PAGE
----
Draft bill increases arbitrary powers of tax officials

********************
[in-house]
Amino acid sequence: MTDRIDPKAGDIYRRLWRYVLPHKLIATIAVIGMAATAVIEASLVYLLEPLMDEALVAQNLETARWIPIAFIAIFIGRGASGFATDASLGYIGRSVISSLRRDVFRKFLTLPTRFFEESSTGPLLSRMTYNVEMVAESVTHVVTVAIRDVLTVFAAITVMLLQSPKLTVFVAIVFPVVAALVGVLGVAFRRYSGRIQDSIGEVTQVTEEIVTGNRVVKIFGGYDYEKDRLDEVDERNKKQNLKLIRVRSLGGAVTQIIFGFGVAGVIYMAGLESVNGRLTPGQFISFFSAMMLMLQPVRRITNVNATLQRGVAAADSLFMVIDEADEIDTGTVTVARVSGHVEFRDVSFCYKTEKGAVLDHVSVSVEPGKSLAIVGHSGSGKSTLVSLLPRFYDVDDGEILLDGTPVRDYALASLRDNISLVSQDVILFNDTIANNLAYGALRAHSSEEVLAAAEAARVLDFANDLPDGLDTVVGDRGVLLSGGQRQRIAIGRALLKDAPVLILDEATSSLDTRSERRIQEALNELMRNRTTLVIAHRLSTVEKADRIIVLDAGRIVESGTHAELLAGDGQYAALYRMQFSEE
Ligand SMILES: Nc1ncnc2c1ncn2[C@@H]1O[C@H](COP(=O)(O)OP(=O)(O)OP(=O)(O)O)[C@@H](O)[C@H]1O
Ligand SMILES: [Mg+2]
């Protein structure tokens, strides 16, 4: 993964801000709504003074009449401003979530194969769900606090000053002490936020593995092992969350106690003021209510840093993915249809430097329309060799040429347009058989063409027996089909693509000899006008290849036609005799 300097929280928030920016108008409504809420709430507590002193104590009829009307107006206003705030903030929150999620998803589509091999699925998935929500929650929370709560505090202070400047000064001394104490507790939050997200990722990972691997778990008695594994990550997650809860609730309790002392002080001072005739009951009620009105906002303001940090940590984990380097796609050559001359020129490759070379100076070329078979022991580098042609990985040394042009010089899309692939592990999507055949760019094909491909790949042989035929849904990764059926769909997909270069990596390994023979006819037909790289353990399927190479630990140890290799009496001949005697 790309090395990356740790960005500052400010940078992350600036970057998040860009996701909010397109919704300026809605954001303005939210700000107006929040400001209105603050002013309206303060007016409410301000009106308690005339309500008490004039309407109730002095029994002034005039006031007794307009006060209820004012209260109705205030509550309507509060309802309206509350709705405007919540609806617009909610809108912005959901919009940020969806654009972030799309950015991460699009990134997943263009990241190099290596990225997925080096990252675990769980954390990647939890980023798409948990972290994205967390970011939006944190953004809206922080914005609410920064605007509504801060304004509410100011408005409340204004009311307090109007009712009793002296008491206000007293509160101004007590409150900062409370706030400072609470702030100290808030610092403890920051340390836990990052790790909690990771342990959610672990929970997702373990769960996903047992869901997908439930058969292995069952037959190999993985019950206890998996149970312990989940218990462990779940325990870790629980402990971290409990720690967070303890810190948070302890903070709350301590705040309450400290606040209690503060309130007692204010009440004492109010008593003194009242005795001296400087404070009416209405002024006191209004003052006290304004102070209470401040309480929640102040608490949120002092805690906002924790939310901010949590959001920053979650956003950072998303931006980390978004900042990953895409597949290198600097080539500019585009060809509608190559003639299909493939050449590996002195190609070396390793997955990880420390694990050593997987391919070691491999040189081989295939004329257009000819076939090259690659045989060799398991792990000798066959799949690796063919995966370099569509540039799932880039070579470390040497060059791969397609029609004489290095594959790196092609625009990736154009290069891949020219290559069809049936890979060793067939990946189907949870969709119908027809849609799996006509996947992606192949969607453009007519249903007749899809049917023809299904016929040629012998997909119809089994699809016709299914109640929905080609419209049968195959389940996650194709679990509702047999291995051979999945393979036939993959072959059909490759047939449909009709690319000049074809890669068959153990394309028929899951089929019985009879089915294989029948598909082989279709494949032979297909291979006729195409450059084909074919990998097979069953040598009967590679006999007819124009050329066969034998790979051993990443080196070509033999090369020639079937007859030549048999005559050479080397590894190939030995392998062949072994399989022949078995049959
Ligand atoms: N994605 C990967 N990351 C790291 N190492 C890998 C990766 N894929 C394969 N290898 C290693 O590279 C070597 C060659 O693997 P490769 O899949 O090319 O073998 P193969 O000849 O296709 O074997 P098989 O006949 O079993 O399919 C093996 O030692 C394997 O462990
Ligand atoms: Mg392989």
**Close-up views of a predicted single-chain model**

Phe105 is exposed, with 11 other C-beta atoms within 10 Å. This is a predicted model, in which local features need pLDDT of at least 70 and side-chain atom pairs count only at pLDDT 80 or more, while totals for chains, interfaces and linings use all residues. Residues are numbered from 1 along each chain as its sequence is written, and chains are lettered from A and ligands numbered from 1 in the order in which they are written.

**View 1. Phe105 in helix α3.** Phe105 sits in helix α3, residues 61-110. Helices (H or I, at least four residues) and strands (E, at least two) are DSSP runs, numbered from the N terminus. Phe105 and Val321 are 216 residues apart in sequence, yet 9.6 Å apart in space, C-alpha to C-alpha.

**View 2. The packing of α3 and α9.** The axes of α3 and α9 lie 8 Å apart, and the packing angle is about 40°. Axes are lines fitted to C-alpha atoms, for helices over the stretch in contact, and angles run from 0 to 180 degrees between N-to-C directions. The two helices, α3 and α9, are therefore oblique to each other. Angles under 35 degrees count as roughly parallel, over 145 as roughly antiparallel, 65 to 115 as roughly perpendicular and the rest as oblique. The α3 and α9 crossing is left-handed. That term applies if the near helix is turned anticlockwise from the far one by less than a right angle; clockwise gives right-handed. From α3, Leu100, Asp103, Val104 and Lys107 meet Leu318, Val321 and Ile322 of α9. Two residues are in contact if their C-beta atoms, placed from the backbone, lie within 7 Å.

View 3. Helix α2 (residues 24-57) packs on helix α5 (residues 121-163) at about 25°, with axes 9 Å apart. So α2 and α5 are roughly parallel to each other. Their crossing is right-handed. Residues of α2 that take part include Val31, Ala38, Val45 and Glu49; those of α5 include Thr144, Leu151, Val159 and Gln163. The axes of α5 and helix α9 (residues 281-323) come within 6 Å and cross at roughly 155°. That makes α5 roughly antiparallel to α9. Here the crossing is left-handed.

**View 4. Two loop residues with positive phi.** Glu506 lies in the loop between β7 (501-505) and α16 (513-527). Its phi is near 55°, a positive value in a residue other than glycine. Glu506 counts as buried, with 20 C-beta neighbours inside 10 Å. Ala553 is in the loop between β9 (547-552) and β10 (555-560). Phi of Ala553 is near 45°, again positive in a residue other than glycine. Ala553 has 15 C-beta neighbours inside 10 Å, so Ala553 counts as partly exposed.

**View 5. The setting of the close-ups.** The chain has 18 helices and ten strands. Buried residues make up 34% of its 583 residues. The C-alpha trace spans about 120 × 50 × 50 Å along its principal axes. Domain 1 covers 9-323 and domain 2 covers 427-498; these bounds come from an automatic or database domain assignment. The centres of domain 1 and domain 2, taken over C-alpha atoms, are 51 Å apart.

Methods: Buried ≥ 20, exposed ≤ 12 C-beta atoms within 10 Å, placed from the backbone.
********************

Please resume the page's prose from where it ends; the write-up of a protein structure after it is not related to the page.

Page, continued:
A chartered auditor, with a long international experience, makes an interesting observation: «Greece is the only country where newspapers frequently give publicity to threats of tax sweeps on enterprises and to the supposedly important and shocking findings of inspections. How would you expect foreign investors to bring their money here in such a climate? Even if Greeks believe such sensational announcements are simply wishful thinking, foreigners naturally tend to take them at face value». Indeed, taxation policy, irrespective of the government, is a policy of psychological war, aiming to scare taxpayers away from tax evasion. And for the threat to be convincing, there is a legal framework to back it up. The inspectors and their superiors have limitless as well as arbitrary authority to approve as deductible any expense they wish. They can claim, for instance, that staff travel expenses for a visit to an exposition abroad are not useful for a firm’s productive activity and are therefore non-deductible. Likewise for subscriptions to foreign magazines. Inspections can easily lead to finding a firm owing 1 million euros or, just as easily, twice that amount, being entirely at tax officials’ discretion. And one would not be hauling coals to Newcastle by saying that their judgment is usually influenced by non-objective factors. The draft bill about money laundering which the government will soon submit to Parliament now provides for even stricter penalties than before, defining as criminal any tax violation which produces for a firm assets of more than 4,000 euros. It must be noted that EU Directive 2001/97, which the draft bill incorporates into Greek law, refers to a violation which can yield «substantial proceeds.» But a sum of 4,000 euros cannot be considered as substantial proceeds by an objective measure for firms with large turnovers. It will, nevertheless, function as one more threat and will render businesspeople liable to punishment, even if it has accrued from an unintentional mistake. If, for instance, inspectors reject as non-deductible an expense of 15,000 euros, a managing director can be charged with tax evasion and money laundering – even if the expense has been effected. With the new law, the authority of the tax department is so enhanced that even for a small or controversial violation the inspectors will be able to waive not only the threat of a high fine, as hitherto, but also the disgrace of money laundering. Alas, tax evasion could be fought in much simpler ways. Especially for large companies that are inspected by professional auditors, the responsibilities should belong to them. The tax inspectors should not enter into negotiations with businesspeople. They should inspect the auditors. If tax rates are also reduced at the same time, no one would have a reason to evade or succumb to blackmail.